Through persistent reconnaissance, AF DCGS analysts immediately conduct a battle damage assessment. They confirm that the threat has been eliminated and the convoy can proceed. Later that night, with continued overwatch support from AF DCGS and the POC, the convoy arrives safely at the base.

Collaboration on Demand

At the heart of AF DCGS ISR centers is the Crew Comm enterprise system which, as illustrated in the scenario, enables AF DCGS crew members to collaborate securely in real time among themselves as well as, and more importantly, with other warfighters in the theater. Crew Comm’s enterprise architecture is highly scalable and extendable which allows direct station-to-station operation without the need of centralized services.

Built on commercial communication Voice over Internet Protocol (VoIP) standards and off-the-shelf hardware and software, Crew Comm provides simultaneous bi-directional and uni-directional connections between end-points. In addition, crew members can establish multiple conference calls while maintaining the point-to-point calls. These calls can be at the same security classification level, or span across multiple levels. This is achieved through the use of a controlled voice communications interface. Crew Comm provides a comprehensive call capability that allows connections to be made anywhere in the enterprise. The system features a Web services graphical user interface (GUI) to support a variety of host workstation environments. Visual indicators provide the operator with real-time security level awareness of the connections.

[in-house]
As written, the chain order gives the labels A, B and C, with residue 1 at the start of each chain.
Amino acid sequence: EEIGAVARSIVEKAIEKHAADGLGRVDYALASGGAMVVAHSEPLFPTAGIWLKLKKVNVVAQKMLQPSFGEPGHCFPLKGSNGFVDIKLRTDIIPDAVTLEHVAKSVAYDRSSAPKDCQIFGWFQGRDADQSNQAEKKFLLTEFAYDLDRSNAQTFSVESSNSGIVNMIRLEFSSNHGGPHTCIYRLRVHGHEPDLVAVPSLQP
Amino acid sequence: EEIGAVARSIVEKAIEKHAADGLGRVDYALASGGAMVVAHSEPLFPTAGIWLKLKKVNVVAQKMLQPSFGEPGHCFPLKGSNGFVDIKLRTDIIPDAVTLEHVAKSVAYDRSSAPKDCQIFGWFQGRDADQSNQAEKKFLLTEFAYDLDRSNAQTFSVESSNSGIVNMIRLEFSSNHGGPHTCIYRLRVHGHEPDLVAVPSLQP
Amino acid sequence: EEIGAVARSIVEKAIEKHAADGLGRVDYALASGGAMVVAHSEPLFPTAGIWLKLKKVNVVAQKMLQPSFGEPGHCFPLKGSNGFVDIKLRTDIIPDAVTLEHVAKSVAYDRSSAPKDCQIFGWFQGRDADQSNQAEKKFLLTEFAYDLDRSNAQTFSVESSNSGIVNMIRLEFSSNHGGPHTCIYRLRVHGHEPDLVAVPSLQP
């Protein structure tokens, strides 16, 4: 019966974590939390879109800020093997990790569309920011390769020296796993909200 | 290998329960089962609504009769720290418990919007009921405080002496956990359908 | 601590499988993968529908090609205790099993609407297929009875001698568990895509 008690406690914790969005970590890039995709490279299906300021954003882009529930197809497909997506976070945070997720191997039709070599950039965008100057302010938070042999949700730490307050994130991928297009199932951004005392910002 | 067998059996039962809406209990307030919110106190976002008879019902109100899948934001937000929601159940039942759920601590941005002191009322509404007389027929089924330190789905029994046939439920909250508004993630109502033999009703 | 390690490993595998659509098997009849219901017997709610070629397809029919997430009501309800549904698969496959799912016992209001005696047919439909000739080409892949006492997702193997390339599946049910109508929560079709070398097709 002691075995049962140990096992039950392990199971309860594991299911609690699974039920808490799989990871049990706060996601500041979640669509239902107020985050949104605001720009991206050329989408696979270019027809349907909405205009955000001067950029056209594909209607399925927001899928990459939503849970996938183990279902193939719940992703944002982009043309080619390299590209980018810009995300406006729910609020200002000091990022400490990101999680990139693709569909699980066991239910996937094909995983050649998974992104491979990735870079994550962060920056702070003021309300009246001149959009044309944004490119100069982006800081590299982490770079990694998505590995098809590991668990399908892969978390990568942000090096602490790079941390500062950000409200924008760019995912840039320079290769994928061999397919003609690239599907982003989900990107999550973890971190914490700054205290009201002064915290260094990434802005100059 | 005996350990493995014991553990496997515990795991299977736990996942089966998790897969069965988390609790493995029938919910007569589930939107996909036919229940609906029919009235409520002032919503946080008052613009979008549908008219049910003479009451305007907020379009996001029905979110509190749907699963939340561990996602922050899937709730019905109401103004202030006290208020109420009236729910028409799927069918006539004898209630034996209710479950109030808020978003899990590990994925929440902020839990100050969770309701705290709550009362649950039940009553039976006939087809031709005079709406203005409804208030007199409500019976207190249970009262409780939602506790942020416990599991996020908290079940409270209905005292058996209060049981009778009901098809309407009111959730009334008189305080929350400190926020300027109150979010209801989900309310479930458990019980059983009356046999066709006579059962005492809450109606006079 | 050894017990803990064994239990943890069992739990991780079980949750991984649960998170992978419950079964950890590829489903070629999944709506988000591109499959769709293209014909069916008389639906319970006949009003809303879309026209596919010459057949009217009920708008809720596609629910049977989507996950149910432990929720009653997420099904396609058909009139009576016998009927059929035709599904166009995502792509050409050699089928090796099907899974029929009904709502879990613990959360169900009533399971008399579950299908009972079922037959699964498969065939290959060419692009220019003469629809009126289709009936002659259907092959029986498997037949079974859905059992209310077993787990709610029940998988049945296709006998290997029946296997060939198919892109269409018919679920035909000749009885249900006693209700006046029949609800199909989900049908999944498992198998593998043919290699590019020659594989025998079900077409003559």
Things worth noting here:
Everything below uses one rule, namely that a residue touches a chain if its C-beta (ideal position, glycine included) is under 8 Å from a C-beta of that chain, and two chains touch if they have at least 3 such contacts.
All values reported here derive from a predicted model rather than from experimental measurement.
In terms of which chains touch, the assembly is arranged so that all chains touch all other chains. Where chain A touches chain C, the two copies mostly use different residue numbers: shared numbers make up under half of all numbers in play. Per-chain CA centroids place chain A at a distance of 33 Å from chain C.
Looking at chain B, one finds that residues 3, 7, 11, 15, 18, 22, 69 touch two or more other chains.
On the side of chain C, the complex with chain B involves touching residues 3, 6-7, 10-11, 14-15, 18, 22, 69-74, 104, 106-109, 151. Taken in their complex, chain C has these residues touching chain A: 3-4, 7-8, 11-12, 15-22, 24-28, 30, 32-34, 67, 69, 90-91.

As a mission enabler in AF DCGS, Crew Comm links a variety of mission support entities and allows them to perform as a single integrated team from sensor to shooter. It leverages COTS technologies and a defense-in-depth security approach to provide improved situational awareness, knowledge sharing and exchange.

Crew Comm demonstrates how Raytheon has leveraged its experience and expertise in mission systems integration to combine COTS, government off-the-shelf practices, procedures and tools to enable geographically diverse participants to collaborate seamlessly for mission success. Crew Comm is a Director of Central Intelligence Directive (DCID) 6/3 Protection Level 4 (PL4) accredited enterprise system and has been fielded and operational since September 2009. “PL4” means that the system provides services with the following characteristics: high confidentiality (information is not shared with unauthorized entities), high integrity (information is protected and not modifiable by unauthorized entities) and medium availability (the system is usable when needed).1

Crew Comm is a mission-proven technology. As the warfighter’s mission has grown, so have Crew Comm’s capabilities. It is readily adaptable to a variety of mission applications. In recognition of its successes, Crew Comm was named in the top five of the C4ISR Journal’s 2010 technology awards for networked systems.

1Level 4 describes a system that controls data up to and including that having top secret classification and appro priately compartmentalizes and protects that data from unauthorized access

John Masiyowski, Contributor: Monica Bal